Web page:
roll with it

Offline Clark

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Re: Regulating a Panama
« Reply #5 on: August 20, 2013, 11:43:34 AM »
I have the round (1.5 gallon) version.  It has a valve stem on the tank so you can fill it with pressurized air. It also has a built-in hand pump so you can pump it up out in the woods when the pressure gets below your liking. There is a cut-off valve between the tank and the hose so you can do repair work to the nozzle while it has pressure or turn off the pressure to the nozzle while transporting it.

With that said, my normal routine is to put in 6 quarts of paint and then top the tank off with 120 PSI of air.  This allows me to pump the tank only once while I am in the field.  It's a good balance between more paint and more pumping vs. less paint and no pumping.  The problem is that at 120 PSI the paint comes out in more of a spray or fog than a stream.  That passes fairly quickly, so I'm guessing at 110 PSI things are more stream like but you still get considerable splatter off the tree.  As the pressure continues to fall with use there is a definite sweet spot where you have good pressure to shoot the paint, just enough to give you a little splatter on the tree but not too much that it is coming back at you.  I haven't measured this but I'll guess that at around 80 PSI things are working best.

My thought was that if there is some sort of regulator that would only allow a maximum of 80 PSI (or whatever I find to be the sweet spot) I would get better coverage with each tank, possibly do a little less pumping and waste less paint in general.  Does this sort of device exist for liquids?  I'm pretty sure they have something very similar for scuba equipment but that may work for gasses only.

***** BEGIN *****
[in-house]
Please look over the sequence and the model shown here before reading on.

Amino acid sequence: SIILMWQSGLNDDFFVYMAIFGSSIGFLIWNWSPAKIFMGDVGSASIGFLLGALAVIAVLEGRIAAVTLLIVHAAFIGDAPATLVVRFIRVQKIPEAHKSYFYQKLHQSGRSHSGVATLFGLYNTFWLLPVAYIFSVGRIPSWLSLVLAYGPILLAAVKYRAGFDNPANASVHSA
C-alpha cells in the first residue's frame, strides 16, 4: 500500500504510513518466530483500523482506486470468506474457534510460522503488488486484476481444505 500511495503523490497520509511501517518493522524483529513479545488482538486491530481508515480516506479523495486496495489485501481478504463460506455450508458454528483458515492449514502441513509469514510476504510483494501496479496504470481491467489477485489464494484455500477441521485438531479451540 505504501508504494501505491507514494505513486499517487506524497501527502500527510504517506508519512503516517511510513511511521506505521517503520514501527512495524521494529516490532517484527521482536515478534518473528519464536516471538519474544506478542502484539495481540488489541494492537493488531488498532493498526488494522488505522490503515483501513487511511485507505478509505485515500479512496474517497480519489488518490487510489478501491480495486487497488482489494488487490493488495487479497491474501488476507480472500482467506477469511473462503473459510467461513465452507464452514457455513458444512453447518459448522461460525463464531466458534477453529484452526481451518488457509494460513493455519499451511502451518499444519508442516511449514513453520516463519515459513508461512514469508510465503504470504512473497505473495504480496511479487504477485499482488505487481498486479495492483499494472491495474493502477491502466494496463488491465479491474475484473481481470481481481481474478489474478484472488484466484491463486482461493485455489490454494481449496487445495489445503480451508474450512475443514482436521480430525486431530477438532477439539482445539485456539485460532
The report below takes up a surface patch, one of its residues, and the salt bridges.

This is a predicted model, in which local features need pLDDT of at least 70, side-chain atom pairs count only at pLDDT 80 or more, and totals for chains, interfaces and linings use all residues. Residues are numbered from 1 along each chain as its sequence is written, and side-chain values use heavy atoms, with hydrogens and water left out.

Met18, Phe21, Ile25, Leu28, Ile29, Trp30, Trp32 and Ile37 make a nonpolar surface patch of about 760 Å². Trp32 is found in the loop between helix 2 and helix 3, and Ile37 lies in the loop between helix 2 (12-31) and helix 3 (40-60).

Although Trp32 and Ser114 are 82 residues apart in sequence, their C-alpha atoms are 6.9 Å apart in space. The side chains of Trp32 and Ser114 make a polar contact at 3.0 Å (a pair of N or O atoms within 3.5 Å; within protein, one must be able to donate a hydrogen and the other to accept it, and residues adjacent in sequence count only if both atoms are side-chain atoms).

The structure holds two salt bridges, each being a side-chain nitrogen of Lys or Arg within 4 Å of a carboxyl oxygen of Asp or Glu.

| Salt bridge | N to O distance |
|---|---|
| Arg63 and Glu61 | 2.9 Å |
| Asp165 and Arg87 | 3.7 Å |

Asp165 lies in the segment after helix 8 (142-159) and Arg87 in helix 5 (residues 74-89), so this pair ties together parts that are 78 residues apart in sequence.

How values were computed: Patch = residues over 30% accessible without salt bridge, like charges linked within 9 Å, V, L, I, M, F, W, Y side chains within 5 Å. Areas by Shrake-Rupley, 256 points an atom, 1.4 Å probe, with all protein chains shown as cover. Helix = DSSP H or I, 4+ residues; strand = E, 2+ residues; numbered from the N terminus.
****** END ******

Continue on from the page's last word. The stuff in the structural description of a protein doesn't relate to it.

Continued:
Clark
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Offline thecfarm

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Re: Regulating a Panama
« Reply #6 on: August 20, 2013, 01:40:06 PM »
I have no idea how that tank is set up. But at work we had regulators for most of out machines. Some had to be set at so many PSI to work right. You would need a line from your tank to your paint,sprayer to make it work right the way it does at work.
Model 6020-20hp Manual Thomas bandsaw,TC40A 4wd 40 hp New Holland tractor, 450 Norse Winch, Heatmor 400 OWB,YCC 1978-79

Offline Wudman

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Re: Regulating a Panama
« Reply #7 on: August 20, 2013, 09:58:15 PM »